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Columns Eleanor Ringel Cater

‘Ticket to Paradise’ – Julia Roberts, George Clooney play divorced couple

George Clooney and Julia Roberts star in "Ticket to Paradise"

By Eleanor Ringel Cater

Tracy and Hepburn, they ain’t.

Actually, they aren’t even Frankie (Avalon) and Annette (Funicello).

Movie poster for “Ticket to Paradise”

Granted, Julia Roberts and George Clooney are huge stars whose on-screen presence has an iconic glow. But when you think about it – when you go back and look at their filmographies – you’re reminded that one thing they don’t have is a shared history of romantic comedies.

The “Ocean’s” franchise insists on their being made for each other, but the pictures themselves are inflated bromances, more interested in Clooney and Brad Pitt as a couple.

Similarly, the implied couple-ness creeps around the edges of “Money Monster,” but it’s not what the movie is about. And in Clooney’s directorial debut, “Confessions of a Dangerous Mind,” she is possibly a figment of a game-show host’s imagination.

A scene from “Ticket to Paradise”

In a sense, movie-lovers have filled in a fictitious history of the two as a towering romantic couple when, in fact, it just isn’t so.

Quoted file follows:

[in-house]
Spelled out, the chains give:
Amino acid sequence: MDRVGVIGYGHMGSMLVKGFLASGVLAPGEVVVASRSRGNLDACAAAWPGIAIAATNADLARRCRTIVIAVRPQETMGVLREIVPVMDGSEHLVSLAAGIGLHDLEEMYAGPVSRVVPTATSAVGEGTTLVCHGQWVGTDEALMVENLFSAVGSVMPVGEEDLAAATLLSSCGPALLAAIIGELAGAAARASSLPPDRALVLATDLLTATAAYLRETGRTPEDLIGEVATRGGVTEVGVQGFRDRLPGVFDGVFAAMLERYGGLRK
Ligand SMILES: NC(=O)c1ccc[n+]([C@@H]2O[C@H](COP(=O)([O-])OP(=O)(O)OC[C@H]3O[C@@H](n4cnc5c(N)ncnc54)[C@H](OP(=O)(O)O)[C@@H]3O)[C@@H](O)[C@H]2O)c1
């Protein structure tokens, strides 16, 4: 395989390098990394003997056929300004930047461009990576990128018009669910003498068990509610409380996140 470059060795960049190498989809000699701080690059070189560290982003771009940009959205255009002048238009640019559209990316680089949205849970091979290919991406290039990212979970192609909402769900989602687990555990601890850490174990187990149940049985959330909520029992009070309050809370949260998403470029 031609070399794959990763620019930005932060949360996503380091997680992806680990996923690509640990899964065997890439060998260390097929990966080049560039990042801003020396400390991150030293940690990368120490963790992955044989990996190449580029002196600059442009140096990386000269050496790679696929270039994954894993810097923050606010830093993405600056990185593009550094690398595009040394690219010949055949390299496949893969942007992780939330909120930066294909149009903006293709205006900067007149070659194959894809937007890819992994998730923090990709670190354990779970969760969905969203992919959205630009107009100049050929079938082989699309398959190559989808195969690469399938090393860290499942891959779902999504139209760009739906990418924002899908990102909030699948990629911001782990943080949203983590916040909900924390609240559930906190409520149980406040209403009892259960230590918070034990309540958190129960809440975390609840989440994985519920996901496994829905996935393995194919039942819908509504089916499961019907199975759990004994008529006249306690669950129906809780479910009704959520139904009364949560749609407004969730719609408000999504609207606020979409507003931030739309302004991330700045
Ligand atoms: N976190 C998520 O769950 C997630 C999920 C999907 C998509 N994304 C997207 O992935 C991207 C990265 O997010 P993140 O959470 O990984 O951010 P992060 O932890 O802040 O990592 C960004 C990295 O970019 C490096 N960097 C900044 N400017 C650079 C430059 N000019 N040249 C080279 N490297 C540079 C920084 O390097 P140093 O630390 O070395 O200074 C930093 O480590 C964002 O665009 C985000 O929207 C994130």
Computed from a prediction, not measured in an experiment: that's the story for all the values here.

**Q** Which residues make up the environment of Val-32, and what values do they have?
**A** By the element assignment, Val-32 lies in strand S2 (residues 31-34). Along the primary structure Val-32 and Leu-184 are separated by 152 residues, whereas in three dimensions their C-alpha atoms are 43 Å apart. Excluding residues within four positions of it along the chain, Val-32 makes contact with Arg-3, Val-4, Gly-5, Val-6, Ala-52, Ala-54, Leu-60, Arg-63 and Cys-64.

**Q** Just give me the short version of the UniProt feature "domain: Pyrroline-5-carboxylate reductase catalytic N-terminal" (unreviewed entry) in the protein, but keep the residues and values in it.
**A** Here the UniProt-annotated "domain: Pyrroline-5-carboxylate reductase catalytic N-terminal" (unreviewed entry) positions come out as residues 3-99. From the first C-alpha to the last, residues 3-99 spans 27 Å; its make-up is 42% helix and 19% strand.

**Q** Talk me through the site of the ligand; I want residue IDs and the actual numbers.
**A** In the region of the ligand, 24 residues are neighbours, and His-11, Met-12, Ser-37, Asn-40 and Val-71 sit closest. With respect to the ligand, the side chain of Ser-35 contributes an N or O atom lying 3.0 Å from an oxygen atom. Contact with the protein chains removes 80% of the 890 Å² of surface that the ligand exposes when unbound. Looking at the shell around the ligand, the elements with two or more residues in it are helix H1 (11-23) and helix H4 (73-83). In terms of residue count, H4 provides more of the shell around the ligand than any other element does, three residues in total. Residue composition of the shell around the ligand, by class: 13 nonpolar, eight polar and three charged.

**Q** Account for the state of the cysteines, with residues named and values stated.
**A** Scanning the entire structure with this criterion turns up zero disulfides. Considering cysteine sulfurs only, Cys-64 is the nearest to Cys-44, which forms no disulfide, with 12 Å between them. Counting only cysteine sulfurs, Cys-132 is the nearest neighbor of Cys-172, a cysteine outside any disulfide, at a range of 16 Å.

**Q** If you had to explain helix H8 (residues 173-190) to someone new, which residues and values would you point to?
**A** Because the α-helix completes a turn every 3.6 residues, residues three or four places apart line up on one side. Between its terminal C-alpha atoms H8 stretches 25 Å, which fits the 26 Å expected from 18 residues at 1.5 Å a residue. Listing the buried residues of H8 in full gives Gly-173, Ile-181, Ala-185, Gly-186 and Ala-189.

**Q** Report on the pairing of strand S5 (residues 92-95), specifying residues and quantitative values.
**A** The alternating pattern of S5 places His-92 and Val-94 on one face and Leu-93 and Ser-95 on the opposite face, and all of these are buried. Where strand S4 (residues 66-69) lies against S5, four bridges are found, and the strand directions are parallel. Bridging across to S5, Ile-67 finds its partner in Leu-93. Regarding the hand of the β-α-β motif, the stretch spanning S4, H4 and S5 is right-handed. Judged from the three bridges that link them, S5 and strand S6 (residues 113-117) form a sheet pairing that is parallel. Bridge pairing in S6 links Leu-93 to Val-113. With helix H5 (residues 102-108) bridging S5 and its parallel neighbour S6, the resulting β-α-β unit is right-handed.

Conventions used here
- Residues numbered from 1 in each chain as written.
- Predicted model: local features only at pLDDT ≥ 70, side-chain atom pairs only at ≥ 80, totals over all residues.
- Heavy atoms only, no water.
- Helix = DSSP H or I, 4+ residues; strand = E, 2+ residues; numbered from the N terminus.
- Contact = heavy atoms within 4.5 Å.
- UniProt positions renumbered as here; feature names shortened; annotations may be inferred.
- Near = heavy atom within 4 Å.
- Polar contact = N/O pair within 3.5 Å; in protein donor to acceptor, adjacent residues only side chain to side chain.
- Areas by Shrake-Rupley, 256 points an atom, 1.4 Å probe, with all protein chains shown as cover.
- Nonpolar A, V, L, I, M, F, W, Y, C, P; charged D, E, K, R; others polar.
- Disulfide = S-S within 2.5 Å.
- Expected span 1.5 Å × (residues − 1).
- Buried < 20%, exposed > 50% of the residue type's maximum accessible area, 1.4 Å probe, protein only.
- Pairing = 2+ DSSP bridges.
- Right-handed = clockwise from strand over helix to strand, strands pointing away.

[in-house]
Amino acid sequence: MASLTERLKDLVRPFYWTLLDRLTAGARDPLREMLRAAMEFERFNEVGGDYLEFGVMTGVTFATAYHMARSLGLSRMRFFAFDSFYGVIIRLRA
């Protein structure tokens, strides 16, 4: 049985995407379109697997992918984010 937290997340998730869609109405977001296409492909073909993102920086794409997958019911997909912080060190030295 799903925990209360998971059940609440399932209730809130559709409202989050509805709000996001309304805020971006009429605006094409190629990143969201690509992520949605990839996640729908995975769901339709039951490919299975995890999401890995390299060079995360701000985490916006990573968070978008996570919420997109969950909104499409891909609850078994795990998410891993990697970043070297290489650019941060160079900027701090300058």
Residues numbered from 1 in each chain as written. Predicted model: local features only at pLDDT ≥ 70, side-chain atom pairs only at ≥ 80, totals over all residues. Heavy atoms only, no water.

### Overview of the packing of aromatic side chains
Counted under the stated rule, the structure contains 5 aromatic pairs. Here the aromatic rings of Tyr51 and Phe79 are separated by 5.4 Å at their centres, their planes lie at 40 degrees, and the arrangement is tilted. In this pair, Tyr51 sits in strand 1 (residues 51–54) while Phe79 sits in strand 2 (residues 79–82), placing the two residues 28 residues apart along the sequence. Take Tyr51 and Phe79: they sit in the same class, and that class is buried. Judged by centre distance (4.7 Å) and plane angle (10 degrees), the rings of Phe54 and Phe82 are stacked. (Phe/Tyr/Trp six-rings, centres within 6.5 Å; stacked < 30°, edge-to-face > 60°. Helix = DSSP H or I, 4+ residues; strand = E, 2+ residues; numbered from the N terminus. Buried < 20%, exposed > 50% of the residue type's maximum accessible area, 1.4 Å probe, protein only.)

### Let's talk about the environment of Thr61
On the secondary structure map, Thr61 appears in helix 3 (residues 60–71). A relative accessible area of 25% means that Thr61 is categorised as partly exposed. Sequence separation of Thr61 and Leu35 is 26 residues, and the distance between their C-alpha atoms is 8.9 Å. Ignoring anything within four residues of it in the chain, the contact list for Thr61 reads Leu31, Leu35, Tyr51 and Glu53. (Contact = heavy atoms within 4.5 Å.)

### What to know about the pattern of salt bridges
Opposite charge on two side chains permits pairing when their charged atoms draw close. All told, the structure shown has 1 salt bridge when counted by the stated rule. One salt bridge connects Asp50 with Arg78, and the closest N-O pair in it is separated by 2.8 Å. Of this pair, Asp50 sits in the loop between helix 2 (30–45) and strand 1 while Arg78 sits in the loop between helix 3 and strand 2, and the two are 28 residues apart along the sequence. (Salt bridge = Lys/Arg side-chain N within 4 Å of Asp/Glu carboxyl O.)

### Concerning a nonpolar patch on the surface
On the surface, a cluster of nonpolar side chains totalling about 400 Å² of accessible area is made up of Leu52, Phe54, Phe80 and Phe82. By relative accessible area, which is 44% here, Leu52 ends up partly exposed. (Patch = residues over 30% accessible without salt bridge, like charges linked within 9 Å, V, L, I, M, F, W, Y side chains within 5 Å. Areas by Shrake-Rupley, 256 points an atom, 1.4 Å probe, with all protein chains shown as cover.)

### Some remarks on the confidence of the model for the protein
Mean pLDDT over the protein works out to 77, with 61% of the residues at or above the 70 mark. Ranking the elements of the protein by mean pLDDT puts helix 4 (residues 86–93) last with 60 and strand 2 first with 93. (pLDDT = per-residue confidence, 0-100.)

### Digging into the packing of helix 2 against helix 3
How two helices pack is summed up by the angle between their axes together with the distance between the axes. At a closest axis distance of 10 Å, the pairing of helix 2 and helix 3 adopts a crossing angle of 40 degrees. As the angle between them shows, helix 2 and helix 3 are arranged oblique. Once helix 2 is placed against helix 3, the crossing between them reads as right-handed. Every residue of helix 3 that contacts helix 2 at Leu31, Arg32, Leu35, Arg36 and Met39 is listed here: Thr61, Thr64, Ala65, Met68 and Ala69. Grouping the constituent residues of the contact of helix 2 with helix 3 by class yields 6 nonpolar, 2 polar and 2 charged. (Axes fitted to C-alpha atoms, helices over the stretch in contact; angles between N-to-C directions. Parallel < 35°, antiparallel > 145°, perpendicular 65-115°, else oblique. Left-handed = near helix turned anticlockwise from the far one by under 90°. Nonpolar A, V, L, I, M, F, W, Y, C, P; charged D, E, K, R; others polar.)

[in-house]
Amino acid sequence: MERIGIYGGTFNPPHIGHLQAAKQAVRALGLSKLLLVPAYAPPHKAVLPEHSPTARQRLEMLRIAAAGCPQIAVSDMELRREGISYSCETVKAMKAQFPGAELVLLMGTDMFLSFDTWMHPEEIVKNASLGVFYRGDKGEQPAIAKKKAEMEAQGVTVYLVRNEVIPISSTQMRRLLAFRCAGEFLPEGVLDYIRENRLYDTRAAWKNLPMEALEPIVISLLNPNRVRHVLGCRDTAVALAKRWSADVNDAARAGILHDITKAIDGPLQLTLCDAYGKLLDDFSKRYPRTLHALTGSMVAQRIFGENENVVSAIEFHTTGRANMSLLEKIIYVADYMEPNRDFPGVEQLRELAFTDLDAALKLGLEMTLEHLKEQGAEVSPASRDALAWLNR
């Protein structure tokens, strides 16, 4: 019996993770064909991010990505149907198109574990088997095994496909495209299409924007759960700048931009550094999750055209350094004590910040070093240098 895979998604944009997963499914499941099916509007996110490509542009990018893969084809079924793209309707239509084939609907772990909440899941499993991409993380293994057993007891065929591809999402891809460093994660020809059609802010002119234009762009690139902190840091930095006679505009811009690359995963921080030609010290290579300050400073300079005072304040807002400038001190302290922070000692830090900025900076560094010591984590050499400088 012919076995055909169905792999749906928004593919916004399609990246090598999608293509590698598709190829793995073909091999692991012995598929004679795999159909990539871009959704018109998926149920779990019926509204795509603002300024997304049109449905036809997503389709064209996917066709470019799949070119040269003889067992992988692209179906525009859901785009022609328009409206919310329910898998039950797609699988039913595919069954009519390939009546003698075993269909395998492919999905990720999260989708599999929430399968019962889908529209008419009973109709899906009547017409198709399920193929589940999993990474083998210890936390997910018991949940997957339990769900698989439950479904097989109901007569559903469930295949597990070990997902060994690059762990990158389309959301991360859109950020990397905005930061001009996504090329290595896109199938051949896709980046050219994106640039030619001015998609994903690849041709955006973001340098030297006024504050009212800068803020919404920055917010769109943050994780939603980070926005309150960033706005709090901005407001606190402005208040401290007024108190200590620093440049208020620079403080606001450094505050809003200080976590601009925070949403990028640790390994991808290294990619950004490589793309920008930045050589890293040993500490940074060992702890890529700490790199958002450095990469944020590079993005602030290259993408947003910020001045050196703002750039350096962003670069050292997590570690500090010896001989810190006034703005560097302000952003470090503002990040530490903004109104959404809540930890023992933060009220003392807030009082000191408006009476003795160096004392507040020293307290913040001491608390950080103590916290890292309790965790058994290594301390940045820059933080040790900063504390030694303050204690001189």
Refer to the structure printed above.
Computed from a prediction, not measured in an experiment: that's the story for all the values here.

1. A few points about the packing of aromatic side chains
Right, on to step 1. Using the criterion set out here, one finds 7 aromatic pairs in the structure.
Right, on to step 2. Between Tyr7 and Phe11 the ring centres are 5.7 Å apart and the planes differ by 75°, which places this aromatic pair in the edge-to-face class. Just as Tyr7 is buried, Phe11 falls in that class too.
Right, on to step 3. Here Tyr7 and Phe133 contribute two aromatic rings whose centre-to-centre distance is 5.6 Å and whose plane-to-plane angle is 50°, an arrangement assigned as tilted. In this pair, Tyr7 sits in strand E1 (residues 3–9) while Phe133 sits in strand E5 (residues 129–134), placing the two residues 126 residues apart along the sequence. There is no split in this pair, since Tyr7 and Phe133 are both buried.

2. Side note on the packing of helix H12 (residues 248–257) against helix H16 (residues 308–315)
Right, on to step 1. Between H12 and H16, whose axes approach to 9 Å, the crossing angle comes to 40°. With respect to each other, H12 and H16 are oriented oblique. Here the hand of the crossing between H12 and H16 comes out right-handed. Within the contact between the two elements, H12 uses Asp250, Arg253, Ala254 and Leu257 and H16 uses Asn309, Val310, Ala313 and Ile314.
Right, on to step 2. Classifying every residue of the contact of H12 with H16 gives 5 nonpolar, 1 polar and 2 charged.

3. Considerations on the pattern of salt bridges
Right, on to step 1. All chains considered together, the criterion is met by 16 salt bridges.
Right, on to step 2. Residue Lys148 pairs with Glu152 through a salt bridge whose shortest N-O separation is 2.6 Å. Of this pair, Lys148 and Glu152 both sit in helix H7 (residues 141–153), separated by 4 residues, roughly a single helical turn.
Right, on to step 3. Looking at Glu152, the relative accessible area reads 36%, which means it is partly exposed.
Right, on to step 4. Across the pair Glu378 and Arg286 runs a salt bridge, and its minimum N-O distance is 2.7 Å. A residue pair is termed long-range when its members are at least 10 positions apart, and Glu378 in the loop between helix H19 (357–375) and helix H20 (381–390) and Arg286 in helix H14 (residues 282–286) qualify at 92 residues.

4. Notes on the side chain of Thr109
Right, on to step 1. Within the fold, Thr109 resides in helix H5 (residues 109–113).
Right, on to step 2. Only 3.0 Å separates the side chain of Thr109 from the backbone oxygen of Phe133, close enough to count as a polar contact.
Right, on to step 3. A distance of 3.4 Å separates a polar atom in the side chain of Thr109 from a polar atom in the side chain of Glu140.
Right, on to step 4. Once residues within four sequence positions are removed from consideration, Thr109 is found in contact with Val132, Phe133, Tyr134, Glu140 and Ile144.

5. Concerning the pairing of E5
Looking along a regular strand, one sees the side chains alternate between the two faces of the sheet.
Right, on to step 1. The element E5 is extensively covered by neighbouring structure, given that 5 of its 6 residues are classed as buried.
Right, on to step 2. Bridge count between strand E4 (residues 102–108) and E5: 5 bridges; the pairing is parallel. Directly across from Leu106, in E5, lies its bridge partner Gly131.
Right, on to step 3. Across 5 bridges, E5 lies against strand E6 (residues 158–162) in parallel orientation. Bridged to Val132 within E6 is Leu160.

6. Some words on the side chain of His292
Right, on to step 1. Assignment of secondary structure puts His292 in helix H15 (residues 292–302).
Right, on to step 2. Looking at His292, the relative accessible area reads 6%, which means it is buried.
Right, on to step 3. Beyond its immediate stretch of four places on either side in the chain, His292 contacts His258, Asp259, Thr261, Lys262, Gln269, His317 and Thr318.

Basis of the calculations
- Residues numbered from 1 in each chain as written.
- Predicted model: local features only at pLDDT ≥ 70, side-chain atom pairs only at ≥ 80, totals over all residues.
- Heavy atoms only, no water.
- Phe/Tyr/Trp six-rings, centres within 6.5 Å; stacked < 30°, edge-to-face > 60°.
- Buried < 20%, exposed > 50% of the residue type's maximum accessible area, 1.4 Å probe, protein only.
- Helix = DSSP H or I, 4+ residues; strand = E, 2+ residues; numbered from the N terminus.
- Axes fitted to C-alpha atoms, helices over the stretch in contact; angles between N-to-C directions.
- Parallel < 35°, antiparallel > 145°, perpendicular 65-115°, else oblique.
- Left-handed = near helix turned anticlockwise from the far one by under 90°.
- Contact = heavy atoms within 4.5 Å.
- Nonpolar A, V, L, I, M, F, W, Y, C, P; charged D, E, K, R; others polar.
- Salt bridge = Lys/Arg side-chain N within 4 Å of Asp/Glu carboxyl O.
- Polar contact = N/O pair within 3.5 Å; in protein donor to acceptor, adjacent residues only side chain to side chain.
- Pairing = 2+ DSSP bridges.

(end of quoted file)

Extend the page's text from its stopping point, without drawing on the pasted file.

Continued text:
Which brings us to “Ticket to Paradise,” a tedious time-warped trifle in which Roberts and Clooney play Georgia and David, longtime divorcees who put aside their mutual animosity in order to break up their daughter Lily’s (appealing Kaitlyn Dever) wedding.

She’s a newly-minted lawyer who, before she settles into her legal career, goes with her best pal Wren (the equally appealing Billie Lourd) to Bali. There, in a credulity-straining meet-cute, she falls for Gede (Maxime Bouttier), a hunky local seaweed farmer.

Forget lawyering. Hardly a month later, Lily is getting married and moving to Bali. She invites her long-estranged parents to the wedding, and the pair conspires to put aside their differences in favor of a mutual goal: prevent their daughter from making the same mistake they did.

A scene from “Ticket to Paradise”

Skimming over the implicitly racist aspect of their objection, “Ticket to Paradise” gamely tries to convince us of its frothy good nature.

But Clooney and Roberts’ considerable star-shine can only take things so far.

And their transformation from bickering exes to flirtatious maybe-reuniteds is forced and frankly, a little boring. By the time she’s smiling indulgently as he messes around playing soccer with some local kids, you may find yourself wondering about Clooney’s David: adolescent hi-jinks or incipient early-onset Alzheimer’s?

Then you realize you don’t care. Sometimes frothy is only so much foam.

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Eleanor Ringel

Eleanor Ringel, Movie Critic, was the film critic for the Atlanta Journal-Constitution for almost 30 years. She was nominated multiple times for a Pulitzer Prize. She won the Best of Cox Critic, IMAGE Film & Video and Women In Film awards. An Atlanta native, she graduated from Westminster and Brown University. She was the critic on WXIA’s Noonday, a member of Entertainment Weekly's Critics Grid and wrote TV Guide’s movie/DVD. She is member of the National Society of Film Critics and currently talks about movies on WMLB and writes the Time Out column for the Atlanta Business Chronicle.

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